Conservative Justice Antonin Scalia routinely pretends that his approach to the law is merely to follow the clear language of the Constitution, and anyone who does not reach the same conclusions he does must be doing it wrong. In truth, however, Scalia’s rhetoric far more often just exposes how simplistic his vision of the Constitution truly is. Consider a speech he gave earlier this week at a conservative think tank:
Scalia calls himself a ‘‘textualist’’ and, as he related to a few hundred people who came to buy his new book and hear him speak in Washington the other day, that means he applies the words in the Constitution as they were understood by the people who wrote and adopted them.
So Scalia parts company with former colleagues who have come to believe capital punishment is unconstitutional. The framers of the Constitution didn’t think so and neither does he.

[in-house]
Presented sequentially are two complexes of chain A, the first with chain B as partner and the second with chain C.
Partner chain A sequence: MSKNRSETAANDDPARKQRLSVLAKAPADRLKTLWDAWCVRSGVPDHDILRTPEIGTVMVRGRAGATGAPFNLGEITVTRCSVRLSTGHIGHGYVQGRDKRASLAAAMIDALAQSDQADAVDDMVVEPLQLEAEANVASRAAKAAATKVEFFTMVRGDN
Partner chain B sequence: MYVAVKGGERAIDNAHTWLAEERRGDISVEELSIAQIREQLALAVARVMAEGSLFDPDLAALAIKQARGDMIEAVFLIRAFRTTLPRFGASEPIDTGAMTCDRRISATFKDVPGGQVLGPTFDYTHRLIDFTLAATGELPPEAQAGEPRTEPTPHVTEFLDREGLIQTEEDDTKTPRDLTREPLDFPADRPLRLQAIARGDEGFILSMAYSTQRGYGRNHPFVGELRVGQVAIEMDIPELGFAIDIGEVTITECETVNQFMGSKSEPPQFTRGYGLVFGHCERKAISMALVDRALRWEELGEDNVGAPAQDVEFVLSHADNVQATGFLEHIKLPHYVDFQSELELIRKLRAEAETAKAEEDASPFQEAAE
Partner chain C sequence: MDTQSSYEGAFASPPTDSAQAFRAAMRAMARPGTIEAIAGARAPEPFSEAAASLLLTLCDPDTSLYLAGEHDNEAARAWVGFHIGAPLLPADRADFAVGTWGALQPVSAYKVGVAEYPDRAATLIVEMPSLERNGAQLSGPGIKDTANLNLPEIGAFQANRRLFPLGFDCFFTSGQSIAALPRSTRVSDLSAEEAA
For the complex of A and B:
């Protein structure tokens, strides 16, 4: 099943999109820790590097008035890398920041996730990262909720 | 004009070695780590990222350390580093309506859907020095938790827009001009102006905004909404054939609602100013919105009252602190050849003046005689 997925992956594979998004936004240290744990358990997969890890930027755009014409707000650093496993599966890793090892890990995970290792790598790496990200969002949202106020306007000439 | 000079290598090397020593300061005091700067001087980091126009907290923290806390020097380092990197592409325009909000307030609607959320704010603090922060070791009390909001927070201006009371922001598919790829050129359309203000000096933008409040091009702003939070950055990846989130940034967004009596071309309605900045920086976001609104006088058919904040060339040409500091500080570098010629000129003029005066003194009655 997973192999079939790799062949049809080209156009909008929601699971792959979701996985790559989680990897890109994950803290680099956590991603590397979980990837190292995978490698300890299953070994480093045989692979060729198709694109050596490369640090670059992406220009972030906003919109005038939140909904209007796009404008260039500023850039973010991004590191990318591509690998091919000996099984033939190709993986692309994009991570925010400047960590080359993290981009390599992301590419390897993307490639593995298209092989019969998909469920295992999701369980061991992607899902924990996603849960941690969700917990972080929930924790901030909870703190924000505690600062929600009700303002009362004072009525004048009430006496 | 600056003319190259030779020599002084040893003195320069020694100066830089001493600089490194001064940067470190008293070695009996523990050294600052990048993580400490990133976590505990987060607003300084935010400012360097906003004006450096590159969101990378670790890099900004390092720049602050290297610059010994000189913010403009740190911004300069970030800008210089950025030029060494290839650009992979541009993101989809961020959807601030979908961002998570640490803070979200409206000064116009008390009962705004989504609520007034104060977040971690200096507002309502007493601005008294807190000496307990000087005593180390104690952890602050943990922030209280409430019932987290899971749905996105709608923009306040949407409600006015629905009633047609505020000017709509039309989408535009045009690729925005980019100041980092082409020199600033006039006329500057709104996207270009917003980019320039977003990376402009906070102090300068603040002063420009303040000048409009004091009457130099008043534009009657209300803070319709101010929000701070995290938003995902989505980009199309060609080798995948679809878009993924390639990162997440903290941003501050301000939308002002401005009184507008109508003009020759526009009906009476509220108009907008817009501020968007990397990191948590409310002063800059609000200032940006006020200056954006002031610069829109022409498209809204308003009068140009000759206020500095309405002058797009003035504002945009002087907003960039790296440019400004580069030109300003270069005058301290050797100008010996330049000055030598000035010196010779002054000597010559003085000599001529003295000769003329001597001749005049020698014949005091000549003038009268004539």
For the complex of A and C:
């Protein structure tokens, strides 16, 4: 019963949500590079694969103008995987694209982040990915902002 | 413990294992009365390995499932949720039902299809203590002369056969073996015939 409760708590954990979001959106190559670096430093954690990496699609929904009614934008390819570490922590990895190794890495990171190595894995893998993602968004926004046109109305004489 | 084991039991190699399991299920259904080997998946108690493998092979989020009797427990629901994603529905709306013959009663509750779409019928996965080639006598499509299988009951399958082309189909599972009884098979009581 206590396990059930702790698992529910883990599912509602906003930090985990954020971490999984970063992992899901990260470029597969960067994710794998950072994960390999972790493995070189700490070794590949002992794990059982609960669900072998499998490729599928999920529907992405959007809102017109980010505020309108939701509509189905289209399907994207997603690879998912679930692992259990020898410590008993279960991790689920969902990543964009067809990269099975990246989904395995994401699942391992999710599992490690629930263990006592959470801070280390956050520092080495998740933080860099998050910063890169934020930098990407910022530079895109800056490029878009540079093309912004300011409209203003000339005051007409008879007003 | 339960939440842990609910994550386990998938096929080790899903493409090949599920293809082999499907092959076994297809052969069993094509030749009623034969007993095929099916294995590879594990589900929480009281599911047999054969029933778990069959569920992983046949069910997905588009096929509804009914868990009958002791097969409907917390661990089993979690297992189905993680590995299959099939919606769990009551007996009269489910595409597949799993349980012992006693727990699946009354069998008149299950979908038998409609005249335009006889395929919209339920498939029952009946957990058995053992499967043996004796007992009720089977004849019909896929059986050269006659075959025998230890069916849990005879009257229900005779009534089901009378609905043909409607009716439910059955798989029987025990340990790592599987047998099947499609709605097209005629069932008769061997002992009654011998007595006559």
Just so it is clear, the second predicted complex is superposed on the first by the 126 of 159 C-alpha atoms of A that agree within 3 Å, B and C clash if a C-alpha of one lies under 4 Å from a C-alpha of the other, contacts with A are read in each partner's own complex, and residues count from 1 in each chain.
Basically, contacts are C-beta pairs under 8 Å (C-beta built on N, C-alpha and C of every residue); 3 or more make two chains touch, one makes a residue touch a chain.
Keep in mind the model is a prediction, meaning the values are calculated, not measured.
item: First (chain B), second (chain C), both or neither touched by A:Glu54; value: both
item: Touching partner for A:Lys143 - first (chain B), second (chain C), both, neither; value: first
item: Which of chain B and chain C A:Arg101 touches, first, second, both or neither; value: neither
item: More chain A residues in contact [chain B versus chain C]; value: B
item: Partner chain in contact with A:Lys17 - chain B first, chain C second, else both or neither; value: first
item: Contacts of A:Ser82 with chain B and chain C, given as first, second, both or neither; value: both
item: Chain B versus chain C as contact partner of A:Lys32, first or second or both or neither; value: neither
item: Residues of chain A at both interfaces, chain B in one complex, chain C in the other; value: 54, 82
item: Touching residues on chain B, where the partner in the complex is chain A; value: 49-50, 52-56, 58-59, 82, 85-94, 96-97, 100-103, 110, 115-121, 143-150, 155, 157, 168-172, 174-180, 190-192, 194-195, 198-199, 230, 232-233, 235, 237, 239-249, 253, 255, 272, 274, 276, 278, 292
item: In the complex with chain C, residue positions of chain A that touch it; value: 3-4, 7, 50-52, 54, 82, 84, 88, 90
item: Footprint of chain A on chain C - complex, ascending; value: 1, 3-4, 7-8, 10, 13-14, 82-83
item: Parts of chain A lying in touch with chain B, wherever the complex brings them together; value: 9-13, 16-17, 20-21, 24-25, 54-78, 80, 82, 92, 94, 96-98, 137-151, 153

‘‘The death penalty? Give me a break. It’s easy. Abortion? Absolutely easy. Nobody ever thought the Constitution prevented restrictions on abortion. Homosexual sodomy? Come on. For 200 years, it was criminal in every state,’’ Scalia said at the American Enterprise Institute.
This is the opposite of true, at least for someone who claims to take the text of the Constitution seriously. Take, for example, the death penalty. The Constitution prohibits “cruel and unusual punishments,” but it provides no other guidance on just how vicious a punishment must be to become “cruel” or how uncommon it must be to become “unusual.” Does the fact that the death penalty is increasingly rare in the United States meet the threshold of unconstitutionality? The Constitution doesn’t say.
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